•  Use evocative and sensory rich language, words such as yielding, floating, and melting into the earth.
•  Suggest that they let the back of the body yield into the floor as they lie on their mat. Yielding is like a melting sensation; letting the weight of their body go.
•  Suggest they imagine the wind blowing against them as they travel in the raft.
•  Ask them to explore the beautiful scenery, such as green covered mountains and blue sky, and enjoy the gentle rocking of the raft as they float.
•  Suggest that the raft returns to the edge of the land and it is time to get out and start walking home.

Guided Imagery: The Steps
This is not an exact script, but a sequence with guidelines, and may work as a script for you. Make the words your own when instructing a group, but first read through to the end before using it.
•  Imagine walking through a field.
•  Suggest sensing all the flowers, colors, smells, the sun and feeling the grass.
•  See a staircase that goes up.
•  We are walking up 20 steps. Take an inhale on a step and an exhale on the next step until the 20 steps are finished.
•  Describe the scene with sounds and colors. For example, say: “At the top of the steps, listen to the waterfall. See lush green-covered mountains, trees with new green leaves of spring, and a flowing river below.”
•  Walk slowly down the concrete steps closer to the river and listen to the waterfall.
•  Walk down 20 steps with an inhale and exhale on each step.
•  Describe the scene at the bottom of the steps, the trees, landscape, smells, and colors. For example: “At the bottom of the steps the clear river flows and on it, a boat passes by. Palm trees, giant ferns and cows graze in the high grass in the distance. Sit on a bench to rest.”

Guided Imagery: Seeing an Old Friend
In this guided meditation we meet an old friend. It may be used with adults, adolescents and for children. It offers the experience of reconnecting to relationships that may have been interrupted due to trauma. We might feel the loss of a loved one due to relocation, illness, loss of a friendship or family member, divorce, violence, and death. The opportunity to have a positive experience with a loved one in a guided imagery is very soothing and can bring a joyful satisfaction to the client.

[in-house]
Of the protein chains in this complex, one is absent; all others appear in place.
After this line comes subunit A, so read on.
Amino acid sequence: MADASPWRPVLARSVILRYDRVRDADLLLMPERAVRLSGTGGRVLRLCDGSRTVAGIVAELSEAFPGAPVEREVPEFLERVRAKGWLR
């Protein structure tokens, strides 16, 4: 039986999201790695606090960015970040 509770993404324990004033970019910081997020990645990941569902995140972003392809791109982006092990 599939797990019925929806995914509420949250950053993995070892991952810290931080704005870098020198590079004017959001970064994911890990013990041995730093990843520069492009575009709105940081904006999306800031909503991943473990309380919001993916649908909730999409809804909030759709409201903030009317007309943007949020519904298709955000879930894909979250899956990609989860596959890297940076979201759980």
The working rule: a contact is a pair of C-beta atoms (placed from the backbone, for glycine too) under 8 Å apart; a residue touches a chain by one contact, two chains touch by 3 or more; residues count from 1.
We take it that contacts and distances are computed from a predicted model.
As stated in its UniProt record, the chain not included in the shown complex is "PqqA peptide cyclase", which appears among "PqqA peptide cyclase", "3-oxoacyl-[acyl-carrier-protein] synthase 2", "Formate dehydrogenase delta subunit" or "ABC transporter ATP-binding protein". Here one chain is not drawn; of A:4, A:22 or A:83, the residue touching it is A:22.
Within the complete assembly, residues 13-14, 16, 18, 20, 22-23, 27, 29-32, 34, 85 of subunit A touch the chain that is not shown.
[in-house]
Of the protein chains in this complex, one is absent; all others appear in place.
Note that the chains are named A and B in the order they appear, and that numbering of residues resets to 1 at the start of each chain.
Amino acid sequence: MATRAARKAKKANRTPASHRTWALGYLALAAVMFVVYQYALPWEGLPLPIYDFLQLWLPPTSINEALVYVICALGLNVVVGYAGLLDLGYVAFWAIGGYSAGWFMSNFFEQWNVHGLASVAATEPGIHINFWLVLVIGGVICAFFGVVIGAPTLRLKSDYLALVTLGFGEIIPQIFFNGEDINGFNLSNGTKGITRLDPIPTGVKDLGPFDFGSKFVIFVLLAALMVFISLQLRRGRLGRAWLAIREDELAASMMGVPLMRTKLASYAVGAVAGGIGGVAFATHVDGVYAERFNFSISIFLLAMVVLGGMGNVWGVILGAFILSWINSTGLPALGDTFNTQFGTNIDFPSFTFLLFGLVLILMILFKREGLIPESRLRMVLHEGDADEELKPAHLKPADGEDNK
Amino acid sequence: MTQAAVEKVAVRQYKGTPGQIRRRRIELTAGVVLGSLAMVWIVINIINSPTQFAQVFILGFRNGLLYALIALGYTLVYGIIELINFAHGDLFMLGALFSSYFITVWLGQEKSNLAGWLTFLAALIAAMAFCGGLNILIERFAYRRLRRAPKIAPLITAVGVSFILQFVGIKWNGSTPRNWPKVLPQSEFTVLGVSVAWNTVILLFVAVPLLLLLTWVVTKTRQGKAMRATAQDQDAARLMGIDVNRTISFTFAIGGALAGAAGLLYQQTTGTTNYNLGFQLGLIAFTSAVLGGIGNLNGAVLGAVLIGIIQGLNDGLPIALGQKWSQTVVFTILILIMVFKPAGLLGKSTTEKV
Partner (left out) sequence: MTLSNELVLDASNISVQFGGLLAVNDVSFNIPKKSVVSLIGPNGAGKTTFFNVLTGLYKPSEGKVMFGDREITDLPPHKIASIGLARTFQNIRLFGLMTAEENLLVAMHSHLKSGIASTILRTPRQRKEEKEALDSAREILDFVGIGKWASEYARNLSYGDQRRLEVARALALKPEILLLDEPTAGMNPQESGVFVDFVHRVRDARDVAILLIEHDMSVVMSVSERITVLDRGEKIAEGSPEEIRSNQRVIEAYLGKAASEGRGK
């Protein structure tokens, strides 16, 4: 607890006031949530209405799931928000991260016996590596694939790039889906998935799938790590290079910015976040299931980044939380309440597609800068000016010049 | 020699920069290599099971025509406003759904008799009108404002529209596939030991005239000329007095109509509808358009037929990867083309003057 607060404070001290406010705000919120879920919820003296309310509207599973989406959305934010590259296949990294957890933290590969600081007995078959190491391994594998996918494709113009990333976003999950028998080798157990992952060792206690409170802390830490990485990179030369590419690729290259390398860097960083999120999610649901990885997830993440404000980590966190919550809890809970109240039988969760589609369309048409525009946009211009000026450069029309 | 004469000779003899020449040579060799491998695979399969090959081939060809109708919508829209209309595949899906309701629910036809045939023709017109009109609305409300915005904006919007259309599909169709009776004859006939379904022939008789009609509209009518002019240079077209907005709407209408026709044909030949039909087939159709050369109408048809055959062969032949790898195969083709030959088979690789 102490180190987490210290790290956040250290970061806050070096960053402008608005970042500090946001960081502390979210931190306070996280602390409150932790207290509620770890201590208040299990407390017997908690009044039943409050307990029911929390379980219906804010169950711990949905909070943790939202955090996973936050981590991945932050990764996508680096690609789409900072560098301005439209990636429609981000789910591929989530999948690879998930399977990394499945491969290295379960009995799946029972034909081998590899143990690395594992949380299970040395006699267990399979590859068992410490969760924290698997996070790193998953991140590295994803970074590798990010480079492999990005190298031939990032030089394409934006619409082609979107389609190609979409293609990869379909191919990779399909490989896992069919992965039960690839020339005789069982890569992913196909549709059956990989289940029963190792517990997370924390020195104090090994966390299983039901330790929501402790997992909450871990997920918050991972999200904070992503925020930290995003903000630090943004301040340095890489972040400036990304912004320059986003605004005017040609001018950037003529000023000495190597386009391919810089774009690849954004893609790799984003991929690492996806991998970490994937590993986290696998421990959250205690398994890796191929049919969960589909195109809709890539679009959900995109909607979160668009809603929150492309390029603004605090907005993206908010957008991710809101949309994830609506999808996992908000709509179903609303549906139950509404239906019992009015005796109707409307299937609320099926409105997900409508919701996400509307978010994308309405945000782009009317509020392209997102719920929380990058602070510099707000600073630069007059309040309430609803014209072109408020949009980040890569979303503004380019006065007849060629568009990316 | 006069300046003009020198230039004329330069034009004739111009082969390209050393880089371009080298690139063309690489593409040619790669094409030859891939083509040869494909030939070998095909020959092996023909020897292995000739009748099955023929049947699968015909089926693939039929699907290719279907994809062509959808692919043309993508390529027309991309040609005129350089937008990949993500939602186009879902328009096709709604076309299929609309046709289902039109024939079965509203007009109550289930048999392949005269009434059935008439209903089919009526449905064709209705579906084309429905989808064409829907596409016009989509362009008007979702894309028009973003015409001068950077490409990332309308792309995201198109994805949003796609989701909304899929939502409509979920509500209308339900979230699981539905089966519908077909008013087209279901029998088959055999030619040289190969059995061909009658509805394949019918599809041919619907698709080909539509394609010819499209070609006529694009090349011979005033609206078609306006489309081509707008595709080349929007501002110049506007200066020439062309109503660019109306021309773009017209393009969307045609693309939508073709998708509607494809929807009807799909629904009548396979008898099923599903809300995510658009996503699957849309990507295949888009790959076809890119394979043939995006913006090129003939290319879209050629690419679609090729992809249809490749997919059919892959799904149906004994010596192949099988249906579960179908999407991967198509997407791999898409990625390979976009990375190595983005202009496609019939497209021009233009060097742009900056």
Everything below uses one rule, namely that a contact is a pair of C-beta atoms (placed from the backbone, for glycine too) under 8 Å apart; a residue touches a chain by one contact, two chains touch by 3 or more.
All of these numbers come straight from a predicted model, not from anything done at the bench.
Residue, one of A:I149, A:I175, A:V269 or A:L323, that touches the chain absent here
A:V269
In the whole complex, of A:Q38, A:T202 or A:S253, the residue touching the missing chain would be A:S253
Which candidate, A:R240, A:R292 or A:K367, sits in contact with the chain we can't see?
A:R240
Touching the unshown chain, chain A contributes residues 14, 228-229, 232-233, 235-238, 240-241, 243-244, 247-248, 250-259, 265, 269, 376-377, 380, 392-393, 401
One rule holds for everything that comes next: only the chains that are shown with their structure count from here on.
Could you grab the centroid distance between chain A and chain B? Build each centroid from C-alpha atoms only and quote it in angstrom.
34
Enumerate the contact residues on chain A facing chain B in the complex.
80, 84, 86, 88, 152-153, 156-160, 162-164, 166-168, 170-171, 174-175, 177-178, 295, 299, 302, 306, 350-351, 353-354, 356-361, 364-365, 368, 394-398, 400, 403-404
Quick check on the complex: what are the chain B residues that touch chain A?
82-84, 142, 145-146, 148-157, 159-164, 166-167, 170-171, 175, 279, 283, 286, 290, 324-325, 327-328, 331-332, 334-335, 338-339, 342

•  Imagine seeing an old friend sitting on a bench along the river.
•  Meet and greet your old friend.
•  Reach for your friend’s hand.
•  Join the friend at the bench and sit together.
•  Remind the group how good it feels to see an old friend.
•  Drop into the heart as you sit with your friend. Feel the feelings that come up.
•  Look lovingly into your friend’s eyes and face.
•  Ask a question or share your feelings with your friend.
•  Pause for a moment for your friend’s answer to reveal itself
•  Savor the quiet moment with your friend.
•  It is now time to say goodbye to your friend and start the journey home.
•  Get up from the bench, hug your friend goodbye, and walk away contentedly.
•  Emphasize we are just leaving “for now.”
•  Remind everyone that we can come back to visit this place again.

The Journey Home
When it is time to transition back to the classroom, here are some tips for ending the guided imagery:
•  Introduce an ending to the guided meditation: “Walk back to the field, find the raft, float back and get out.”
•  Invite everyone to slowly open their eyes and come back to the room.
•  Allow time for transition after such a deep meditative state. Plan for the meditation directions to close 5 minutes before the end of the session to allow for ample transition time, so that people don’t have to pop up, but can linger and enjoy the fruits of this restful experience.
•  Some participants may be sleeping and need gentle cues to wake up or you might want to let them rest and have planned ahead for that response.